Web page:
Learning about a missed opportunity
Be exhaustive and Eloquent in show choices

Off to look at another Unix

Sooner or later, the community's experts say, your computing will be done on a system other than an HP 3000. More to the point, your applications — whether you replace them, migrate code, or dream up another alternative — will run on an environment other than MPE/iX and IMAGE.

Your time to migrate may not have come. It might never arrive while you're in charge of IT at your company. But when the movement comes, why not choose Unix?

And if you're choosing Unix, why not choose OS X, and the Macintosh?

I mean to get more information to that question, so I'm heading off to San Francisco today for the 2008 MacWorld conference. No, I'm not standing on line at 5AM to hear Steve Jobs talk about his latest movie download service or phone feature. Jobs is a powerful speaker, and Apple is quite the visionary about Thinking Different. But the Black Turtleneck talk is more sport than business.

But since we spend a good slice of our time these days thinking about business on Unix here in the 3000 community, why discriminate? Apple may not practice all that it should yet to pursue IT enterprise business. But neither did HP when the 3000 market changed in the 1990s, and suddenly Unix and Windows were right alongside the proven MPE/iX environments. HP had to evolve the 3000 message.

The OS X environment now has VMWare selling a virtualization solution. You can hardly swing a dead mouse at an HP Windows talk without hearing about the vendor's close partnership with VMWare. An enterprise server-based virtualization solution for OS X Server is on the horizon, too.

Wednesday kicks off a two-day Mac IT conference within this week's MacWorld, a conference that's like the old Interex conferences of the 1990s: A solitary gathering point for the user and management community of OS X. Developers get their own once-a-year show in summer, sort of like the IPROF meetings of the old 3000 days.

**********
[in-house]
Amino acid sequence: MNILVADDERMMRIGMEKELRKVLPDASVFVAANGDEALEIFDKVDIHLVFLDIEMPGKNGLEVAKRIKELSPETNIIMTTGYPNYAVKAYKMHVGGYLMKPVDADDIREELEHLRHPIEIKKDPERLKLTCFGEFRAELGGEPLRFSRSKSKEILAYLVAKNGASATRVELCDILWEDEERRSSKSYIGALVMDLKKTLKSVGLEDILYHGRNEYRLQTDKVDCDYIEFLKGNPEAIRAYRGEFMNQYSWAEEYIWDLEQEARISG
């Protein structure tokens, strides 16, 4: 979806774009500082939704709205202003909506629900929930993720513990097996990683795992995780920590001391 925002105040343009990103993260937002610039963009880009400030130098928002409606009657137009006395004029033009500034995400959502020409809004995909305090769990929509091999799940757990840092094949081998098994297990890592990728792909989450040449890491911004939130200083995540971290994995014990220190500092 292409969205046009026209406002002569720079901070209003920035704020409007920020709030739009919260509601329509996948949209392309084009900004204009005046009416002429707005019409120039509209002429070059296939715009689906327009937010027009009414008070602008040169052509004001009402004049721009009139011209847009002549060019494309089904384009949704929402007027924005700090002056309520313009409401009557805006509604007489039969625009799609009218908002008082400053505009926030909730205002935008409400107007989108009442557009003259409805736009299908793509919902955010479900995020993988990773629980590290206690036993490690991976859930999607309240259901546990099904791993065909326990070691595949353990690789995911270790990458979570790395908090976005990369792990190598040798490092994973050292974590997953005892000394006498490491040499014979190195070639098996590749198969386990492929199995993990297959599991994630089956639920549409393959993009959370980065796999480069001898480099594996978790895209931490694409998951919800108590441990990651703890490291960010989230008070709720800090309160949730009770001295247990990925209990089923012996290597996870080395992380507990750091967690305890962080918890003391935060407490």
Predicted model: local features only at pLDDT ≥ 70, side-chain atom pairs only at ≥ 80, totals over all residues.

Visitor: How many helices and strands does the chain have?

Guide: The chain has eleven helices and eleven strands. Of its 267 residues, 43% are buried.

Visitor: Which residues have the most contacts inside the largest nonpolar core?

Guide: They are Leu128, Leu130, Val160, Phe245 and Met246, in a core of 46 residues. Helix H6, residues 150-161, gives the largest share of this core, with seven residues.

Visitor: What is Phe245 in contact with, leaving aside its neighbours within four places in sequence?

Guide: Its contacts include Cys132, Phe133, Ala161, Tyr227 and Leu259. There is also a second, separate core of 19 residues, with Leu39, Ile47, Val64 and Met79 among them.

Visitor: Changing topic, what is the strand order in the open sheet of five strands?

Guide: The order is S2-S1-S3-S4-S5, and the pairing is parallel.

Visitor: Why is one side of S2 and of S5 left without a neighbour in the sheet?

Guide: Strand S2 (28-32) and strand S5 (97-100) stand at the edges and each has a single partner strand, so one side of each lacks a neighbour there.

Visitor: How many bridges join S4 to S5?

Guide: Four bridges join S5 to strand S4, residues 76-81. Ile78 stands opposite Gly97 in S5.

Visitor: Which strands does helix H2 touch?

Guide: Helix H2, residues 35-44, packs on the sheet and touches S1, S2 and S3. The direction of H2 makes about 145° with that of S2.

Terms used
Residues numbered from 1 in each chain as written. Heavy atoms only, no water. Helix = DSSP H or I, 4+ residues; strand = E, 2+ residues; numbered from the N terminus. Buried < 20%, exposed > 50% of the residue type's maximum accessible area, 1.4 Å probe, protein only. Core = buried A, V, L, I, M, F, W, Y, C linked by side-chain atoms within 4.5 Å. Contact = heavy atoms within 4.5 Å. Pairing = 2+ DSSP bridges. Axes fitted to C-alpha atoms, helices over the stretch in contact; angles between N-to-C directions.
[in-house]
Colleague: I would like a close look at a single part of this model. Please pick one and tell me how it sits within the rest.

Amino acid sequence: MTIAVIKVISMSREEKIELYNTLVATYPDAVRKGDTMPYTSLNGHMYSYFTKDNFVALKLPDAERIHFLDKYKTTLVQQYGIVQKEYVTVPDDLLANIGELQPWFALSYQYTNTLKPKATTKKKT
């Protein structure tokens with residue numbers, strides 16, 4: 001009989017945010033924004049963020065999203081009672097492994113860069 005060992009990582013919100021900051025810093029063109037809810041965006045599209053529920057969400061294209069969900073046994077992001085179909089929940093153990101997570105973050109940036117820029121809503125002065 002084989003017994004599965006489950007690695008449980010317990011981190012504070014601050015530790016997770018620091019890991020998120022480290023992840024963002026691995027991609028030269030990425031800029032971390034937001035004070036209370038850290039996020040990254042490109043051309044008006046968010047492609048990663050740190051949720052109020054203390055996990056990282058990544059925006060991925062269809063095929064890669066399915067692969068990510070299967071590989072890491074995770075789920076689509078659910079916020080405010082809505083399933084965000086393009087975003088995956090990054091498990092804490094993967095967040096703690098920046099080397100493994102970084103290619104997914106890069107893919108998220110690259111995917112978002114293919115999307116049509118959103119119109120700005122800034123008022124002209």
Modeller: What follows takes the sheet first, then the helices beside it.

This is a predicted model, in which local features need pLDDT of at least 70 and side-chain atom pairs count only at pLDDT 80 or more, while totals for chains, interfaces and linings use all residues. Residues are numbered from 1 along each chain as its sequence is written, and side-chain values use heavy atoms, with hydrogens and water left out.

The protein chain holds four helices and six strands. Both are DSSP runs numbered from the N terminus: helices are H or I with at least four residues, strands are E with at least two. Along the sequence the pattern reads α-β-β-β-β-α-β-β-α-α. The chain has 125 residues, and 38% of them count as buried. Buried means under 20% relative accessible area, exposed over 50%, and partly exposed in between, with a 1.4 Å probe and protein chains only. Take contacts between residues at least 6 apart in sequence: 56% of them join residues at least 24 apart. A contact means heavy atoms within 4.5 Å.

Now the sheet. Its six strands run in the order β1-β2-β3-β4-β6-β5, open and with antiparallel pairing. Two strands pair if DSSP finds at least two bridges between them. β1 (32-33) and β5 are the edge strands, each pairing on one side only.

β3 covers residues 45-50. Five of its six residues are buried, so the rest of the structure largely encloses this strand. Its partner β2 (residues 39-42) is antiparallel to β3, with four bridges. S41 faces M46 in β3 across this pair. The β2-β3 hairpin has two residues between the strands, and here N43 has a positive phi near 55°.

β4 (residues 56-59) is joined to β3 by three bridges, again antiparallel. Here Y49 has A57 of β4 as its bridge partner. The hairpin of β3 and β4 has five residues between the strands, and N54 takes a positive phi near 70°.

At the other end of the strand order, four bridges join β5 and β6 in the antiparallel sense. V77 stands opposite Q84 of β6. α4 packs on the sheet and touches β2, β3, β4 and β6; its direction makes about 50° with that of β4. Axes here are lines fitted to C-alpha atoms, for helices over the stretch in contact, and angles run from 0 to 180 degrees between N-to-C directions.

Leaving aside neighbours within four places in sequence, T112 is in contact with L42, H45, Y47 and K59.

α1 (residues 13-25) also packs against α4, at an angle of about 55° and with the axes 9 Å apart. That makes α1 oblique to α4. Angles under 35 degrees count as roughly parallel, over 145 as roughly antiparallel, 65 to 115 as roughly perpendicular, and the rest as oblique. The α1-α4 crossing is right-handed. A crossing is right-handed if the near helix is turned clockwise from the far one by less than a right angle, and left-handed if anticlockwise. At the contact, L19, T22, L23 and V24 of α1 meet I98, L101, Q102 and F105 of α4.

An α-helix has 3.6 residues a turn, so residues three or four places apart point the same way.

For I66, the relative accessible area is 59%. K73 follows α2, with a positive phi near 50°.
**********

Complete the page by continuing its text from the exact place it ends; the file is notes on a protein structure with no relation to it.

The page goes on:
I expect Mac IT users to have the same needs they had last year — namely, Apple needs to beef up its support for enterprise customers. This has a familiar ring too, if you attended the HP Management Roundtable events from the Interex days.

The OS X advantage is that this OS X experience won't be assaulted by open source, or balloon into paying the Windows upgrading price. OS X is an environment known for a low level of maintenance and long lifespan of utility.

I've heard about the health and medical community's solutions and prospects for using OS X as a solution. There's even an Amisys user out there in the 3000 community right now which is considering OS X as the right Unix to migrate toward. Even through Amisys Advance isn't supported on Macs.

But small business solutions are out there for the 3000 user who's headed off the platform. Just as one example, MacPractice is a leading Mac developer in healthcare, with 2,000 doctor’s offices representing 14,000 Mac users. At the show they'll demonstrate new features including integrated EMR, and medical and dental imaging.

Now 14,000 might not be a number to impress the 3000 site moving to Windows. But a focused application like medical practice management probably doesn't have a single vendor servicing, oh, more than twice as many offices, even on Windows. And the apps are the life of the computing customer. The environment is often secondary.

Analysts say that Apple could do more for the enterprise customer. And given that Apple is flush with cash, and seen its stock rise to the point that the company has a market cap bigger than HP's, Apple has the money to invest.

For a look at the state of today's Mac IT enterprise prospects, read this report from Information Week. (Not exactly a publication known for being Mac rabid.) Don't forget to check out the clear-eyed and realistic comparison review of Vista and Leopard, the two desktop choices du jour.

If you must think different about your company's IT future, you might as well reach for more than different. Maybe better and different.